Windows Server Message Block (SMB) Vulnerabilities

By Dan P

If your company is among the 79% of desktop users who employ Windows operating systems, then this article may provide valuable information which if implemented, could prevent an unscrupulous person from carrying out an attack which could compromise your organisation’s network.

The result of an attack could be anywhere from gaining a foothold to total compromise of your network, allowing the criminal the ability to lock down all of your resources. In such cases, the criminals often demand a sum of money for unlocking your data, often referred to as ransomware.

This infamous vulnerability became known by a few names, Eternal Blue being the prominent one which was largely made famous due to the WannaCry ransomware attack.  On 14 March 2017, Microsoft released a security bulletin to patch against this vulnerability, MS17 010, this would soon become another name for this widely abused issue. In addition to this well-known SMB vulnerability, we will take this opportunity to apply other SMB settings which will further enhance your security by preventing a different attack vector.

SMB harbours various responsibilities on a network, some of which are; the access and sharing of files, performing remote administration and sending data to printers. It is a response-request protocol which is found in every Windows environment and plays a vital role in everyday tasks.

There are various versions of SMB found in a Windows environment, they vary depending on the specific operating system in use. SMBv1 entails a vulnerability in the way which it handles certain requests, this can be exploited by an attacker sending a specially crafted message to the server. A number of publicly available exploits exist which can be used to take advantage of this situation. An attacker does not have to be sophisticated, have access to state level tools or an extravagant budget to carry out this attack.

Luckily for the us, there are some simple configurations which will prevent an attacker from taking advantage of this weakness. Ensure that you do not disable SMB v2 or v3, as briefly mentioned, SMB plays an important role within a Windows environment and certain tasks won’t be possible should SMB as whole be disabled.

 

How To Disable SMBv1

To check/ disable SMBv1 on Windows 8 and Windows 10, navigate to; Control Panel > Programs > Turn Windows Features On or Off.

Ensure SMB 1.0 check box is unmarked.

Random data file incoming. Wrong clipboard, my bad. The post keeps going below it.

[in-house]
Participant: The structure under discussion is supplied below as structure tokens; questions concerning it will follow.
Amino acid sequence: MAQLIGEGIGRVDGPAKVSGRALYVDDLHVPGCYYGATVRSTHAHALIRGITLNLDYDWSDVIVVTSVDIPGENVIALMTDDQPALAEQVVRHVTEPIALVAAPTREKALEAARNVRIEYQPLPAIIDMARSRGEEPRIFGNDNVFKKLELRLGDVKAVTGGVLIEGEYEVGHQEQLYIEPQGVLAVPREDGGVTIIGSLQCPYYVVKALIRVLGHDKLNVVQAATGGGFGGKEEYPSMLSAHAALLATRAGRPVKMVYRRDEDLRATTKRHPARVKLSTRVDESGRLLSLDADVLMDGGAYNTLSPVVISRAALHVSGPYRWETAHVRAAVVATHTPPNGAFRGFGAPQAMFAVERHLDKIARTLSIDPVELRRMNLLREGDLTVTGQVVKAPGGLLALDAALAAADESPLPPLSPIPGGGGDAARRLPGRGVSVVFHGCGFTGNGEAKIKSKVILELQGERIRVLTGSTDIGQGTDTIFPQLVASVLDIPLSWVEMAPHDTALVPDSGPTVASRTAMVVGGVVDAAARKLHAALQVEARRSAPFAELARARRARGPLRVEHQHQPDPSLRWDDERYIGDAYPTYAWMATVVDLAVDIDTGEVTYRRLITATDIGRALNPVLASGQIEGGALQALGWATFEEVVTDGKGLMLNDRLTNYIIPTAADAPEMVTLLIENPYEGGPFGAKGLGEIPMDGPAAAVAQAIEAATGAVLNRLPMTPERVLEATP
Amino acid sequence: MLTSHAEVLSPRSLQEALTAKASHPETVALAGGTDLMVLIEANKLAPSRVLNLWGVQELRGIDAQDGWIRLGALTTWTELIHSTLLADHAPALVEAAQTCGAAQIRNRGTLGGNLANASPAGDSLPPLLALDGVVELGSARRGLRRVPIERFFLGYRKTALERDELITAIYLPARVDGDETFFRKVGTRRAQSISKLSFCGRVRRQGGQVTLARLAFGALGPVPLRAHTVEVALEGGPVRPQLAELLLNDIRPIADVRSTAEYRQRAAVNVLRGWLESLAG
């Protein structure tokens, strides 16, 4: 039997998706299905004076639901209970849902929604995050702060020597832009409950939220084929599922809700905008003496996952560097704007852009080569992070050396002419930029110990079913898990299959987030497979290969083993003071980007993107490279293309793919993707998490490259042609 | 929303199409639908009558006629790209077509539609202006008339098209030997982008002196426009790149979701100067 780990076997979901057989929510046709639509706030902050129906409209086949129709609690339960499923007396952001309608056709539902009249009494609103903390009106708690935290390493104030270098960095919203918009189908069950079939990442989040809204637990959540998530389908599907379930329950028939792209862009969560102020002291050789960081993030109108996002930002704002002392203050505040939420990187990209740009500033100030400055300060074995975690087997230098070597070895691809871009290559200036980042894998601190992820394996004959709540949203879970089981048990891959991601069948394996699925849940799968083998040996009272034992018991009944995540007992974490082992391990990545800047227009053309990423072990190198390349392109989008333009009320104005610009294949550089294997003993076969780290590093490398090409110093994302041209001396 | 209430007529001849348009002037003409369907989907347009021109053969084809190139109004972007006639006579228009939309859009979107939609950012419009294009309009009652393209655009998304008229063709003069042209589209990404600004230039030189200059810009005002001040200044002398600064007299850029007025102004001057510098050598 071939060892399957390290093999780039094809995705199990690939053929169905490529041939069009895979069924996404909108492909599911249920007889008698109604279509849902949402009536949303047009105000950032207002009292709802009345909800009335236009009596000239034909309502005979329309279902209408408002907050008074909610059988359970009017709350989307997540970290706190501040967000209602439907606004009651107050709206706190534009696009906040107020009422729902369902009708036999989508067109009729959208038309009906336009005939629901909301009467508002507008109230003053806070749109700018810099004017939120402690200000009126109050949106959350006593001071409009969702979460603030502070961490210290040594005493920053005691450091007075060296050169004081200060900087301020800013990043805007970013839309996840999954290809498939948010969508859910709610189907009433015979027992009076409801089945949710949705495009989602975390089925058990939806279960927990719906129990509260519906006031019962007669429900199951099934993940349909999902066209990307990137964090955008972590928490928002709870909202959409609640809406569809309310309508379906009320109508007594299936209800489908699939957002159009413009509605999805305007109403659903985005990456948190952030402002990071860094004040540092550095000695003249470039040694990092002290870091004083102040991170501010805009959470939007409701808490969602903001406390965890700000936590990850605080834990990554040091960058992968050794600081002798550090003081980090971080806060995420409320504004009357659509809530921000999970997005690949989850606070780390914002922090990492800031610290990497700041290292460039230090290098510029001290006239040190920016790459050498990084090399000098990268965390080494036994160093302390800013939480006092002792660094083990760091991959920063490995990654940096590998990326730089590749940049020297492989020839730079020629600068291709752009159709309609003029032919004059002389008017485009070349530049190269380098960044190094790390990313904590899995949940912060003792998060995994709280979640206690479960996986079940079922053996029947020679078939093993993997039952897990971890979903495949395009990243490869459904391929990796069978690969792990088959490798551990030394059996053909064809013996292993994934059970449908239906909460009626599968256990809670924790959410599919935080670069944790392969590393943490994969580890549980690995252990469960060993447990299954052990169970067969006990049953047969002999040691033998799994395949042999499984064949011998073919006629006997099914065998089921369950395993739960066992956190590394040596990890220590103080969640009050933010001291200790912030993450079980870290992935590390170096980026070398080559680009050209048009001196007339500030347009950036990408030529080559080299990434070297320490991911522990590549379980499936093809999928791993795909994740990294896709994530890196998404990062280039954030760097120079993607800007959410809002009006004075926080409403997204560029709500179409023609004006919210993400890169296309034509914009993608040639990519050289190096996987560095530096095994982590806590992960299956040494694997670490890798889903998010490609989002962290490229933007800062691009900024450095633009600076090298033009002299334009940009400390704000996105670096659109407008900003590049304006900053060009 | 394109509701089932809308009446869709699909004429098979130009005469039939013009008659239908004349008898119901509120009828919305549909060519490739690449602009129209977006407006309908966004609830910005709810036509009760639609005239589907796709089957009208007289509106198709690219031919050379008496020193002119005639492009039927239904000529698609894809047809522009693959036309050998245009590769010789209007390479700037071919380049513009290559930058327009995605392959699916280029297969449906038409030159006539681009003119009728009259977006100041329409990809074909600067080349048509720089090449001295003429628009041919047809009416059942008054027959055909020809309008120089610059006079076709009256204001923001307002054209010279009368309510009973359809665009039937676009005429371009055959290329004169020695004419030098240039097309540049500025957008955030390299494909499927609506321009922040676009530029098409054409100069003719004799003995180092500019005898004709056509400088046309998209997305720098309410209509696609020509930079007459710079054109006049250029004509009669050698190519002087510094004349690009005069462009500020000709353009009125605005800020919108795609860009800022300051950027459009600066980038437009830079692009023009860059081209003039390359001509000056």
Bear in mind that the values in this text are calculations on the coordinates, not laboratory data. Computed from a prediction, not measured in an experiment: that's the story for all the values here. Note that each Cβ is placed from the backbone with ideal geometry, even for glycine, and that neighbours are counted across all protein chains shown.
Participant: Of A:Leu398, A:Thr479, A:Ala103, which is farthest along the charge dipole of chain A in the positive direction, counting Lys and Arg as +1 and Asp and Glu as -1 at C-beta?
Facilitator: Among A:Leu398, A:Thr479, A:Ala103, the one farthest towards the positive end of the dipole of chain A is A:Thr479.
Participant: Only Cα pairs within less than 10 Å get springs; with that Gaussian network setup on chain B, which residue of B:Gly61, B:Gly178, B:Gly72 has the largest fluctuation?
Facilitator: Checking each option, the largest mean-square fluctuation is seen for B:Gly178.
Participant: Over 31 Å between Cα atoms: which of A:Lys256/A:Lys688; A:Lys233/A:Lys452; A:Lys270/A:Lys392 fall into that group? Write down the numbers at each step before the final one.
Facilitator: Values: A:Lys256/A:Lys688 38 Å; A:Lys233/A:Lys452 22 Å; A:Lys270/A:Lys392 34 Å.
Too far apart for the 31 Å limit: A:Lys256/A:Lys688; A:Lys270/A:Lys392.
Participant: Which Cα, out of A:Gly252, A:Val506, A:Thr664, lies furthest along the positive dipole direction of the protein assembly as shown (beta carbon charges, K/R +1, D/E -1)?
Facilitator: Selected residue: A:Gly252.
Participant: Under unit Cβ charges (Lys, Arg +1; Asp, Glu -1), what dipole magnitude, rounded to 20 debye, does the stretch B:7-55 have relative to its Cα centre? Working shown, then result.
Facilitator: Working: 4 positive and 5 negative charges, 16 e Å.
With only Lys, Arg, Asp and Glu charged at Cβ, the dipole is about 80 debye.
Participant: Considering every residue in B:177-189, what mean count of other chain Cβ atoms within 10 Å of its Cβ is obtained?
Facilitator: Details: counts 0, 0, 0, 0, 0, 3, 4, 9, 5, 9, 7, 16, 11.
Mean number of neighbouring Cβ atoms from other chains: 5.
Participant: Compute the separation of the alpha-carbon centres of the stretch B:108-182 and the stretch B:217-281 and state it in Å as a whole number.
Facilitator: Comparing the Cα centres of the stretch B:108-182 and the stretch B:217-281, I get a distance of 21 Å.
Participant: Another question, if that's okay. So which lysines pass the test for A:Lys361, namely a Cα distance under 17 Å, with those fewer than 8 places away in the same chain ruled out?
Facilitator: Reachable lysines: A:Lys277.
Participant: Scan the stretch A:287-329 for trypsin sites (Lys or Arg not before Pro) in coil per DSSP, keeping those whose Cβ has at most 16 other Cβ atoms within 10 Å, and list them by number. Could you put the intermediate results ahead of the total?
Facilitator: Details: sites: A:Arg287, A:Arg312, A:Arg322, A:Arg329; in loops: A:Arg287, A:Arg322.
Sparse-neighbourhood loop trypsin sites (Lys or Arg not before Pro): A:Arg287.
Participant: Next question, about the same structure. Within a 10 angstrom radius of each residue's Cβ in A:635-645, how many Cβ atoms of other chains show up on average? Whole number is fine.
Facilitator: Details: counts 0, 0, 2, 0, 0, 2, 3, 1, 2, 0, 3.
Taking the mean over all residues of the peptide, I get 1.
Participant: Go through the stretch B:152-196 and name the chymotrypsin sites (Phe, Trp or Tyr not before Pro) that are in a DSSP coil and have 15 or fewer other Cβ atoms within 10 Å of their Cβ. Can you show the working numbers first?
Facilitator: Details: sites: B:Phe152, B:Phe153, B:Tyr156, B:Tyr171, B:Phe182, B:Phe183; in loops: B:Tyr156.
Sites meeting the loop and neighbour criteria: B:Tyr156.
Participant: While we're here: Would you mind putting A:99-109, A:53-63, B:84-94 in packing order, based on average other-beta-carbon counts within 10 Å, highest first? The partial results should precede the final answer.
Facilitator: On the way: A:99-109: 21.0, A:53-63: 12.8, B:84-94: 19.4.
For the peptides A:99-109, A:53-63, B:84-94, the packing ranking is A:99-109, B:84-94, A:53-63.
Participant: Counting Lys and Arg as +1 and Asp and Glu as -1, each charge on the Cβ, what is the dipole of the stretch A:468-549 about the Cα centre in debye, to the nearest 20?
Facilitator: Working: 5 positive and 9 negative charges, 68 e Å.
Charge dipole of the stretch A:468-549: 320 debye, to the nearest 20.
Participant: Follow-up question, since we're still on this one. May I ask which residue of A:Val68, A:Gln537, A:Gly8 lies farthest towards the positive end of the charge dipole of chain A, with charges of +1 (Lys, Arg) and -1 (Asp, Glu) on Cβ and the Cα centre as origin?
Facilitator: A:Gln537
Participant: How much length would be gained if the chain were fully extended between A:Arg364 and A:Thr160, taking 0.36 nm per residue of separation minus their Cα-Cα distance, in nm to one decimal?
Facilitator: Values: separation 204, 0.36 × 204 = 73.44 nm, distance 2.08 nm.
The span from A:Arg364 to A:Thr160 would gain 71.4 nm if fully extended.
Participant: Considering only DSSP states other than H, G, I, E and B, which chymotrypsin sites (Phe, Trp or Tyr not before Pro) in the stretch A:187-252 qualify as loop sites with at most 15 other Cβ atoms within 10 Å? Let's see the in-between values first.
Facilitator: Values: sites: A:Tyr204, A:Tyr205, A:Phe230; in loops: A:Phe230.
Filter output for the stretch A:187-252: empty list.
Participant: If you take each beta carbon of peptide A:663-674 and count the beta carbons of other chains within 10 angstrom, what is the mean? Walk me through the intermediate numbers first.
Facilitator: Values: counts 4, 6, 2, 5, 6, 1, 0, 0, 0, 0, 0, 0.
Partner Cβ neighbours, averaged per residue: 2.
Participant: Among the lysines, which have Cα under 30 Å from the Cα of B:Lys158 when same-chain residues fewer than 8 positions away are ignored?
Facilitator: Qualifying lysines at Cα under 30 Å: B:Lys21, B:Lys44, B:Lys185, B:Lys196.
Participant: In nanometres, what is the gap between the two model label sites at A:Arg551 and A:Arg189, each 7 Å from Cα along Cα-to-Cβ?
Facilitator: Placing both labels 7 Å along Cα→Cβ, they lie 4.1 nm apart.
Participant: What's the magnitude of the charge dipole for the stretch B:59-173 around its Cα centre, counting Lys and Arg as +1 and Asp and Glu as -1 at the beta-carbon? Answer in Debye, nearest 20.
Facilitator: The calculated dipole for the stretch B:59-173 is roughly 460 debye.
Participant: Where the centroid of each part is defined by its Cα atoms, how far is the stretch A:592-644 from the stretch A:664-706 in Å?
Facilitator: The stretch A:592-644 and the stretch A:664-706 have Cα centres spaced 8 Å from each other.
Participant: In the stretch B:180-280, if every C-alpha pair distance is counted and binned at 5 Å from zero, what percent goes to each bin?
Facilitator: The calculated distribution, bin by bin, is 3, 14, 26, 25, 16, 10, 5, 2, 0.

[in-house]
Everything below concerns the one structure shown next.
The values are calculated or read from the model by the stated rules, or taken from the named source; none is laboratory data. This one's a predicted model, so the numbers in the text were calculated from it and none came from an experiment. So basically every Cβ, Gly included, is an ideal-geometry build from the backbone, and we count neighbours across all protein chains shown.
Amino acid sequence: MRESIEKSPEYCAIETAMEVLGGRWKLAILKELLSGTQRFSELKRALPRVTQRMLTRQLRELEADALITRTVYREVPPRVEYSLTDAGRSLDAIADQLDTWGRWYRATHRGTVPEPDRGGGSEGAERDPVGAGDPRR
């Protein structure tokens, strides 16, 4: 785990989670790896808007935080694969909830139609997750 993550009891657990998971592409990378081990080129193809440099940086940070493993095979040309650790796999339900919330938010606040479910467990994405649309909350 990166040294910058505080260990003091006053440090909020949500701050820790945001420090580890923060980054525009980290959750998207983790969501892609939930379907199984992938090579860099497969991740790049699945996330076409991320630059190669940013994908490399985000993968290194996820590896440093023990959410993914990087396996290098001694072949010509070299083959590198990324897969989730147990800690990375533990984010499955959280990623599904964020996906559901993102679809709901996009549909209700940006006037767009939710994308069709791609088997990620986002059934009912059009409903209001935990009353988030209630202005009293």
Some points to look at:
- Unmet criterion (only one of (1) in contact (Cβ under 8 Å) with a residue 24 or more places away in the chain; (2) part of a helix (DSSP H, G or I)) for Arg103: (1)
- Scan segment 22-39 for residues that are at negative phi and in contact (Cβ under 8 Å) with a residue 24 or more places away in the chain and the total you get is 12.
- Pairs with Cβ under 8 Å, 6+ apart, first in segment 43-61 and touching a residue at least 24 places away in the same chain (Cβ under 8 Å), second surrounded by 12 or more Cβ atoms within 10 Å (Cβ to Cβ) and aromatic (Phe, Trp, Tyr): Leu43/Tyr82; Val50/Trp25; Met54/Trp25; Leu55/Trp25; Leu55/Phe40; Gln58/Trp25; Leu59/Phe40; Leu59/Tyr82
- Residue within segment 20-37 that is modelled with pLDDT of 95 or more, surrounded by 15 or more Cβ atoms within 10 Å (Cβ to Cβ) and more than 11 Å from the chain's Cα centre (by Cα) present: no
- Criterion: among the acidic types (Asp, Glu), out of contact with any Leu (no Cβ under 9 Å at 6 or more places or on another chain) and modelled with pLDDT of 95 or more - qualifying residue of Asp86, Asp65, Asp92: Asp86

For Windows 7,

Type ‘regedit’ in the windows search bar

 

Navigate to HKEY_LOCAL_MACHINE\SYSTEM\CurrentControlSet\services\LanmanServer\Parameters

Right click on white area of the right panel and select ‘New’ ‘DWORD 32-bit Value’

Name the new value SMB1 then right click ‘Modify’, enter ‘0’ in the Value Data field.

Restart your machine to ensure the key has taken effect.

 

Whilst this article is the focus of SMB, I feel that the large elephant in the room would go undiscussed if I was not to mention that Windows 7 is no longer supported. The SMB setting has been mentioned here to support the 250 million Windows 7 users. Go ahead and disable SMBv1 however, ensure you upgrade to a supported version of Windows as soon as possible. It is definitely worth considering the lifespan of the operating system which you upgrade to, for example; Windows 10 1809 will reach end of service on 12 May 2020.

 

Let’s Double Up On Security

This next remediation will at the very least provide an extra layer of protection on your network. Security is a continuous and holistic approach which requires ones finger to be on the pulse in regards to threat landscape. Staying on the subject of SMB, we will now discuss a related vulnerability which can be used by an attacker to gain a foothold on your network.

A malicious person who has access to the network is able to freely intercept Windows New Technology Local Area Network Manager (NTLM)v2 hashes as they are passed between client and server. If users employ common passwords, these hashes can be ‘cracked’. A more preferred and often quicker method is to relay these hashes which enables the attacker to authenticate as a genuine user.

SMB Signing….

when enabled, ensures that communications over SMB are digitally signed. Digitally signing the packets enables the recipient to confirm their integrity. This security mechanism in the SMB  protocol helps prevent “man in the  middle” attacks. Although SMB signing can be found on all Windows systems, it is only enabled on Domain Controller’s by default.

By enforcing SMB signing, NTLMv2 hashes can still be captured, however they cannot be relayed successfully; ultimately preventing an attacker from using a simple technique to gain a foothold on your network. The capture of these hashes still presents a security issue which we will deal with in a later article.

Forcing message singing on SMBv2 will produce a notable difference in performance; high Central processing Unit (CPU) and reduced speeds are often seen. Each network will behave differently, the exact impact can only be calculated by trial and error. Ensure all settings are recorded prior to implementation. The issue of performance is somewhat alleviated where SMBv3.11 is used which was introduced on Windows 10 and Windows Server 2016.

There are a number of different settings required to ensure success, Microsoft has produced through guidance on how to make these changes. Click on the link below to view the documentation.

https://docs.microsoft.com/en-us/windows/security/threat-protection/security-policy-settings/microsoft-network-client-digitally-sign-communications-always

 

For further advice on how you can secure your systems please get in touch and speak with one of the team.

 

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